How to make a robot voice changer filter in Audacity
One quick note before getting into this tutorial - the following advice is focused on Audacity! If you use other audio editing software, we recommend using Voice Changer for a far easier and effective solution. It even has a fully fleshed out robot pack, full of presets and profiles for your every robotic need! Anyways, over to the main article:
Think of the most famous robots you know from movie and TV history. As well as looking the part in their sleek, metal outfits, they probably had a sound all of their own too. Whether your robot voice is a series of bleeps and bloops like Star Wars’ R2D2, or a more sophisticated ‘synthetic’ voice like… well, Star Wars’ C3PO, the audio can matter just as much as the visuals and the acting when it comes to making a robot that makes viewers’ imaginations fly.
On the other hand, consider a movie like 2001: A Space Odyssey, whose starring robot, HAL9000, spoke in a mostly human voice. This fact that HAL doesn’t have a robotic voice shows that the level of technology in the fictional universe had reached a point where robot voices were just like human voices. Sometimes there’s not actually any need for a robot voice at all!
Even now, the robots of the movies don’t exist (although we wake up checking the news every day to see if the breakfast droid has been invented yet). So when the idea of the humanoid robot was taking shape in past decades, people had to work with what they had. Real human voice recordings were piped through strange effects to make them sound less human, and often more metallic. It’s interesting to hear the answer to the question “What does a computer sound like?” in early representations of robot voices from the silver screen.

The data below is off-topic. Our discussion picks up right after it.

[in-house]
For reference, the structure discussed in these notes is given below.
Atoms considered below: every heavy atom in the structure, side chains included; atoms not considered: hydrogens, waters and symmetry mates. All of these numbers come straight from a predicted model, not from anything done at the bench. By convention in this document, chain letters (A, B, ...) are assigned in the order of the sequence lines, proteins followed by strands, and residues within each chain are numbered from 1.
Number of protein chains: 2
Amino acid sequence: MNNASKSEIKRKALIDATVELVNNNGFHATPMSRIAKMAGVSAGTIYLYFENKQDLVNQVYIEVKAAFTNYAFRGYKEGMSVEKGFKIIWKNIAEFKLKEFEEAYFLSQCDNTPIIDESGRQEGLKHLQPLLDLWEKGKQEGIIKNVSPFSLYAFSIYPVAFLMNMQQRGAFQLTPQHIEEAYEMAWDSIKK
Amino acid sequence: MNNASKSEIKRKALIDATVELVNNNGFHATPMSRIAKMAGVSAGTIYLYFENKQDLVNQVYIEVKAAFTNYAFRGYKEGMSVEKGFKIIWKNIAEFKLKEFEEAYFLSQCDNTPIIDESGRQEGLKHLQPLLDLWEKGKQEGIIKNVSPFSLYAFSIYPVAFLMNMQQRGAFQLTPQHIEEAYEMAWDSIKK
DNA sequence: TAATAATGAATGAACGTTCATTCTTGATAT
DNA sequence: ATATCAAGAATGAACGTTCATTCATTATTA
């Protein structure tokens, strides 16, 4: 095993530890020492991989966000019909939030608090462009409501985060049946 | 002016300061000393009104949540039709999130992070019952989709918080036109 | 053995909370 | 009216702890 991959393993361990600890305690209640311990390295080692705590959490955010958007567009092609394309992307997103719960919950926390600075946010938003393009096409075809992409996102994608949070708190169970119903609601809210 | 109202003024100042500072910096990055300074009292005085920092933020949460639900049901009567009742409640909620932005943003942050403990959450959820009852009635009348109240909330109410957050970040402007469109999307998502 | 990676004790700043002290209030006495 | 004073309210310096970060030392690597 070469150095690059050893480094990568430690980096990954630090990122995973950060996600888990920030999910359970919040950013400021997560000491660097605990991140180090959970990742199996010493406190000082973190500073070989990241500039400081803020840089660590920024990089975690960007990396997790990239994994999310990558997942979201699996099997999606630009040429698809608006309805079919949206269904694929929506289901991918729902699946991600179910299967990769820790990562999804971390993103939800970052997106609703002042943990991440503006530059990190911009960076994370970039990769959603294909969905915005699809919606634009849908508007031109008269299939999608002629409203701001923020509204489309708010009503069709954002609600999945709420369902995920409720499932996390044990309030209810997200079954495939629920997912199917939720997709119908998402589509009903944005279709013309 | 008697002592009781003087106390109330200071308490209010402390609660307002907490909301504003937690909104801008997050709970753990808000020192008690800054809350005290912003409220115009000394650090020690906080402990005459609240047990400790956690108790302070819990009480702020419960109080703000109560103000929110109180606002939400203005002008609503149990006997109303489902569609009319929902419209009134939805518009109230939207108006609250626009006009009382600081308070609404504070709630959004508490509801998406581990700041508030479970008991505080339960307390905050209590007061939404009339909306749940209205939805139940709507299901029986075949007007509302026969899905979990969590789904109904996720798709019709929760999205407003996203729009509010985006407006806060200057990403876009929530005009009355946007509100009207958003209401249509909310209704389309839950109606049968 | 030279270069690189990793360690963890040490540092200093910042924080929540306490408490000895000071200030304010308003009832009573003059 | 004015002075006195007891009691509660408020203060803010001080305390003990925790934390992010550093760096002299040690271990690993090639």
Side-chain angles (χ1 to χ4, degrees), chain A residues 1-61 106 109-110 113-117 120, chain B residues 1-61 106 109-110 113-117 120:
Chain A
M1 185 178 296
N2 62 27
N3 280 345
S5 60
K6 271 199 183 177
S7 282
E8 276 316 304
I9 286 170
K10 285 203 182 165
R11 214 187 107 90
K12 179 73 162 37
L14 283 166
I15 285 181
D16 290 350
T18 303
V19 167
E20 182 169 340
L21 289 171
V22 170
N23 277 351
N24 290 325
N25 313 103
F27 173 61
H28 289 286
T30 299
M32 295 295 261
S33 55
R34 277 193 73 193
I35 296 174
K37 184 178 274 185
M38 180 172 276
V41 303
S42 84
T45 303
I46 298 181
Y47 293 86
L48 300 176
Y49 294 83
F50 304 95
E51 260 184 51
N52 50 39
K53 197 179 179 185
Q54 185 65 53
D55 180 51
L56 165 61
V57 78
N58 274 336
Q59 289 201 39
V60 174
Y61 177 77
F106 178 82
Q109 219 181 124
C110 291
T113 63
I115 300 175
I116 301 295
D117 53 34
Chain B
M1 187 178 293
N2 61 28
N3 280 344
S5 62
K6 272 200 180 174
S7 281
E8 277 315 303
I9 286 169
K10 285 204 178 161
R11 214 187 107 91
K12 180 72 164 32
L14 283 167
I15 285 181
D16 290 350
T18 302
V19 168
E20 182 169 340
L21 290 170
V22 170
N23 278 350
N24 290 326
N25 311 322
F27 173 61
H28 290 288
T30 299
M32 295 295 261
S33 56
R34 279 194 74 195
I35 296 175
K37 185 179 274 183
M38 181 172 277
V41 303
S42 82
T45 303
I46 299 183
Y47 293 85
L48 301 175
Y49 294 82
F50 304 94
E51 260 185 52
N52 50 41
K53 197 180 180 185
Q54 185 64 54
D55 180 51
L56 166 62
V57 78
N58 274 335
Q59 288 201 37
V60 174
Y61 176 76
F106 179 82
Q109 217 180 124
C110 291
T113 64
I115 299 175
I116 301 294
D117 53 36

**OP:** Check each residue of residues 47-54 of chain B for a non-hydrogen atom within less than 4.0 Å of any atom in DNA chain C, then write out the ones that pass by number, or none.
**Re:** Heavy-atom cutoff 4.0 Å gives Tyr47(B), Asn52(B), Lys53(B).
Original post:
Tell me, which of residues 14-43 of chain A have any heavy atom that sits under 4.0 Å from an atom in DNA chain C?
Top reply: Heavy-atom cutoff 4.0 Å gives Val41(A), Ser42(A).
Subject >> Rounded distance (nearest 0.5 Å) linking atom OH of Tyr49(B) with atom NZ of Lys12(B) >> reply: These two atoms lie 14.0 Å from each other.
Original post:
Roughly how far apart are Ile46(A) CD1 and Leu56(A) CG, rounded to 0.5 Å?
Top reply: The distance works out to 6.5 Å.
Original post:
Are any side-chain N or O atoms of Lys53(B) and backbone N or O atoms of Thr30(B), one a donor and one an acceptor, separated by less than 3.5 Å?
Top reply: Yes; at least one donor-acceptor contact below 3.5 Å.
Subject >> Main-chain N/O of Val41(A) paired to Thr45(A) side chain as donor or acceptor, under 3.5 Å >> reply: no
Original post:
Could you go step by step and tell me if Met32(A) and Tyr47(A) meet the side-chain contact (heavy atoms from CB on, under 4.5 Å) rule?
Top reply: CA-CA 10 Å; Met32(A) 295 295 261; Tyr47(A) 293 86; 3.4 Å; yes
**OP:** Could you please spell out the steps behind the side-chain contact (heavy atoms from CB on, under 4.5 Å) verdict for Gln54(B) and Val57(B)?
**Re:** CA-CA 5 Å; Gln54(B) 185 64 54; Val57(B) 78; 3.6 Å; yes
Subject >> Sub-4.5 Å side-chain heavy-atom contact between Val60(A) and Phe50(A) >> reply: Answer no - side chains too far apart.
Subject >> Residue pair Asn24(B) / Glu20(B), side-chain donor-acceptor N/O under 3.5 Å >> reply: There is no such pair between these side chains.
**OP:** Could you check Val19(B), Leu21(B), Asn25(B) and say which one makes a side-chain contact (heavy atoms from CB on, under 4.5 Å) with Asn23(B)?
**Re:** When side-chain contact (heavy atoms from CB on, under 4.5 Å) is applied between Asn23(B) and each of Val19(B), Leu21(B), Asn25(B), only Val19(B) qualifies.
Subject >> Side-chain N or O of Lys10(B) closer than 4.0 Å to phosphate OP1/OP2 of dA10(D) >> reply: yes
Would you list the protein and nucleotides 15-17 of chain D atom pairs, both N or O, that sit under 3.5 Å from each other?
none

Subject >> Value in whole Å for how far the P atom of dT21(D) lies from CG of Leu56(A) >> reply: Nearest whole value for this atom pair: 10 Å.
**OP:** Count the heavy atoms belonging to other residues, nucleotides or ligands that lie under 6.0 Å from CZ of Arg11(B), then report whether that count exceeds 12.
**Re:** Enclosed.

Before reading the following about early sound engineering, check out something similar that was made a lot more recently. We use a robotic preset in this Voice Changer demo:
So how did early sound engineers make voices sound less human?
Pitch is a factor played with in the history of robot voices, using a harmonizer that was originally invented for musical applications, you could get a ‘double’ voice sound, thickening the audio to make it sound overlapped and phasey. A robotic voice doesn’t need to sound just like a humans, so having a very low or high pitch is acceptable, giving us a sense of a mechanical being rather than one made of flesh and bones.
Distortion is an effect you can link to the robot. Early ideas of artificial beings would have mirrored the speakers used in consumer products like radios and televisions. And to show a sound is coming from an electronic circuit, what better way than to make it a circuit that’s malfunctioning and distorting?
Phaser effects process a sound by sending it through electronic components that slightly delay different parts of the audio signal. A phaser is a great way to make a voice recording sound high-quality and understandable, but still retain elements of being synthetic.
Let’s dive into how you can create a robot voice changer free in Audacity.
Our original audio is raw, newly-recorded speech. This is free from too much background noise as we’ve used the tools in the ERA Bundle suite to easily clean up the background noise and reverb.